Two King Country councils sitting out on SNAs

7:52 pm on 14 July 2021

Two of the three King Country district councils are staying well clear of the Significant Natural Areas furore heating up in Northland and the South Island.

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Photo: RNZ/Carol Stiles

Complaints have come from Northland Māori where the scheme was described as a Government-led land grab by Ngāti Hau iwi representatives.

The SNA mapping placed 42 percent of Far North District Council land under SNAs. On the West Coast, an 87-year-old land owner said 70 percent of his 607ha block of gorse and regenerating bush was declared an SNA.

Ōtorohanga and Ruapehu district councils said there was no legal requirement for councils to undertake the mapping process that was upsetting land owners up and down the country.

There were some uncertainties with the impending Resource Management legislation reforms by the current government, Ōtorohanga group manager environment Andrew Loe said.

"Until the implications of the legislation change on the resource management functions of council is known, it would not be prudent to commit to a process of identifying SNAs and embarking on a plan change process," he said.

The national policy statement for indigenous biodiversity was still in a draft state and not yet in effect.

He understood the draft state of the National Policy Statement (NPS) gave councils five years from its commencement date to undertake a district-wide assessment to determine areas of significant indigenous vegetation and significant habitats of indigenous fauna.

Any plan changes required by the NPS would be notified within six years of the commencement date of it.

"Until the RMA functions of the Ōtorohanga District Council are clear, the NPS becomes operative, and the relationship of the NPS to any new legislation is known, it would not be prudent to commit to a process of identifying SNAs and embarking on a plan change process."

At Ruapehu District Council, spokesperson Margaret Hawthorne said the position was the same as Ōtorohanga District Council's.

"The significance of the Tongariro and Whanganui National parks within Ruapehu has of course already been recognised with both areas holding World Heritage status," she said.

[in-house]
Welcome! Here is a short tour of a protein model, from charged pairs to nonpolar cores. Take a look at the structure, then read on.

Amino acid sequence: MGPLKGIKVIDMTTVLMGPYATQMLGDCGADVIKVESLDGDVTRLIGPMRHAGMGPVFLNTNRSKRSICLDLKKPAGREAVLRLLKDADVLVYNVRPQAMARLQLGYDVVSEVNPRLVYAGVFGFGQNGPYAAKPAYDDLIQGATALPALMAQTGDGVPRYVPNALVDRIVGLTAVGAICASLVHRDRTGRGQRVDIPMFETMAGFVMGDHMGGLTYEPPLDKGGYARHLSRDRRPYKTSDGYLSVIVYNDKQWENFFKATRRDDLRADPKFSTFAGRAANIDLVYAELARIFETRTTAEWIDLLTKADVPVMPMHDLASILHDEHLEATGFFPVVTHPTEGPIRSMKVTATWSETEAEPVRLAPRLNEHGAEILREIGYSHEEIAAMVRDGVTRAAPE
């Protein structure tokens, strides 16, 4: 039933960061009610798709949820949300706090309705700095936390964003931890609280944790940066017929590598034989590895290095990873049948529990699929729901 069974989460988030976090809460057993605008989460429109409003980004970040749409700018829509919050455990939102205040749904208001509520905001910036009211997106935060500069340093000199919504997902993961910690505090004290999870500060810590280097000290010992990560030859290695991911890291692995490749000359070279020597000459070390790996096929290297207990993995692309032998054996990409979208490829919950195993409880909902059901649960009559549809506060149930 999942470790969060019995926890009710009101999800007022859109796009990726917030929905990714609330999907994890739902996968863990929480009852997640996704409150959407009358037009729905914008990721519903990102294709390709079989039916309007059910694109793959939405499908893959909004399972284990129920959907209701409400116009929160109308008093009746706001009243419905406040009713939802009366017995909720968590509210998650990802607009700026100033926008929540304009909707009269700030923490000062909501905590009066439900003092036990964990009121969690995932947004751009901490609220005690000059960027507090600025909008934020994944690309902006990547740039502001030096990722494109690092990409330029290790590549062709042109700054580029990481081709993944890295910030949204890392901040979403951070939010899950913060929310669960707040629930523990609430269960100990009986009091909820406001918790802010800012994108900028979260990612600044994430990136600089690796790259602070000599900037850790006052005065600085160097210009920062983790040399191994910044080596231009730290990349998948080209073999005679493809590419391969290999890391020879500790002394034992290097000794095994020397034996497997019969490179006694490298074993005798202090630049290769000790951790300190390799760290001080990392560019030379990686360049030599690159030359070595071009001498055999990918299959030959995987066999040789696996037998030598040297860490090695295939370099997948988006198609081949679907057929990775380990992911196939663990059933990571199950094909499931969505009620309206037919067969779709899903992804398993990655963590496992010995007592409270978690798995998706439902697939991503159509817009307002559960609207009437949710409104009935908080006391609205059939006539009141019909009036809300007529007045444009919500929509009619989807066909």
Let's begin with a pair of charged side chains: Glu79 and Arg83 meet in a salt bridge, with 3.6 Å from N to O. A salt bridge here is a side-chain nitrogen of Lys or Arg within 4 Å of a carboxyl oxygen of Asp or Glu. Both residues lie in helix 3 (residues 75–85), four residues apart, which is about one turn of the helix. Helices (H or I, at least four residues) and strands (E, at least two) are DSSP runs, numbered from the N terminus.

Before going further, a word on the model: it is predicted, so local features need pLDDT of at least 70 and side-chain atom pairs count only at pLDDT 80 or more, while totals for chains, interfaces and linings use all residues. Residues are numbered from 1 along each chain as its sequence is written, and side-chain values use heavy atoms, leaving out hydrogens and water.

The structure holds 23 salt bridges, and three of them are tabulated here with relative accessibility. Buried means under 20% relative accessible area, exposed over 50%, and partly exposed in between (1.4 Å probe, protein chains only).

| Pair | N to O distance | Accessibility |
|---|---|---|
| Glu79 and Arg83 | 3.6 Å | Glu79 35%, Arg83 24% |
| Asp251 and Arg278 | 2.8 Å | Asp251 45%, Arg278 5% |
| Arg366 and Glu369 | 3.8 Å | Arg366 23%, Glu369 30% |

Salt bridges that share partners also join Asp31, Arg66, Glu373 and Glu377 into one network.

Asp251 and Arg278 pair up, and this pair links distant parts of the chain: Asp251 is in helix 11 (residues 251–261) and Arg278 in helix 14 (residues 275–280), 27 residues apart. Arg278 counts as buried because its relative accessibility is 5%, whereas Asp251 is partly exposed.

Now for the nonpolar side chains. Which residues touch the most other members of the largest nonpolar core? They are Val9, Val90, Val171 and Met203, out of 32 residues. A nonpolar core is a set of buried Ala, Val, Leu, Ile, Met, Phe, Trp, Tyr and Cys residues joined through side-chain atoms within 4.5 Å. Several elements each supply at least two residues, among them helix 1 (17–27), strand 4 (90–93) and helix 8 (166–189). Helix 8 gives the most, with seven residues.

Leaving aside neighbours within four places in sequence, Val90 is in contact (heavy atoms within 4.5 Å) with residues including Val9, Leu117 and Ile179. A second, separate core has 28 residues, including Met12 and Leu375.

Waitomo District Council posted the Wildland Consultants maps of SNAs on its website, and advised ratepayers the council was working with landowners over the past four months about concerns regarding SNA boundaries. The statement is not dated. Where issues were not able to be quickly sorted, ecologists would assess the sites.

After the ecologist made a decision, the SNAs would be mapped as part of the new District Plan - which the public would be able to make a submission on when it was notified - later this year.

Waitomo District Council did not reply to questions about its process before deadline.

The Waikato Regional Council (WRC) website has since 2018 identified 512 SNAs in an area that covered about 58,050ha, or 28 percent of the Ōtorohanga district.

The survey identified 42 threatened, at risk, or notable animal species, one threatened fungus species, and 42 threatened, at risk, or notable vascular plant species.

The website stated the council identified and prioritised significant natural areas as an important part of protecting natural areas, and that the process was required under (Section 6(c) of RMA) to maintain and enhance biodiversity. WRC had also not replied to questions.

Groundswell NZ, organisers of the Howl of Protest on Friday, have been opposing SNAs for years.

Cheviot farmer Jamie McFadden in an interview with Ngāti Hine FM on the Groundswell Facebook page said the SNA process was deemed "bad law" by the Hurunui District Council.

"It causes a huge amount of community upheaval and doesn't benefit native flora and fauna," he said.

"The cost, I'm not sure what the Far North District Council has spent, but Southland estimated it cost $18 million to do SNAs."

He said $9 million was the cost of the survey and the rest was absorbed in planning processes and staff time.

"None of the $18 million goes to helping us with biodiversity on the ground," Jamie said.

"Not a drop goes to help with our biodiversity. We need help looking after these areas.

"What we are doing here is extensive wetland restoration, riparian plantings. Farmers need help with weeds and pests."

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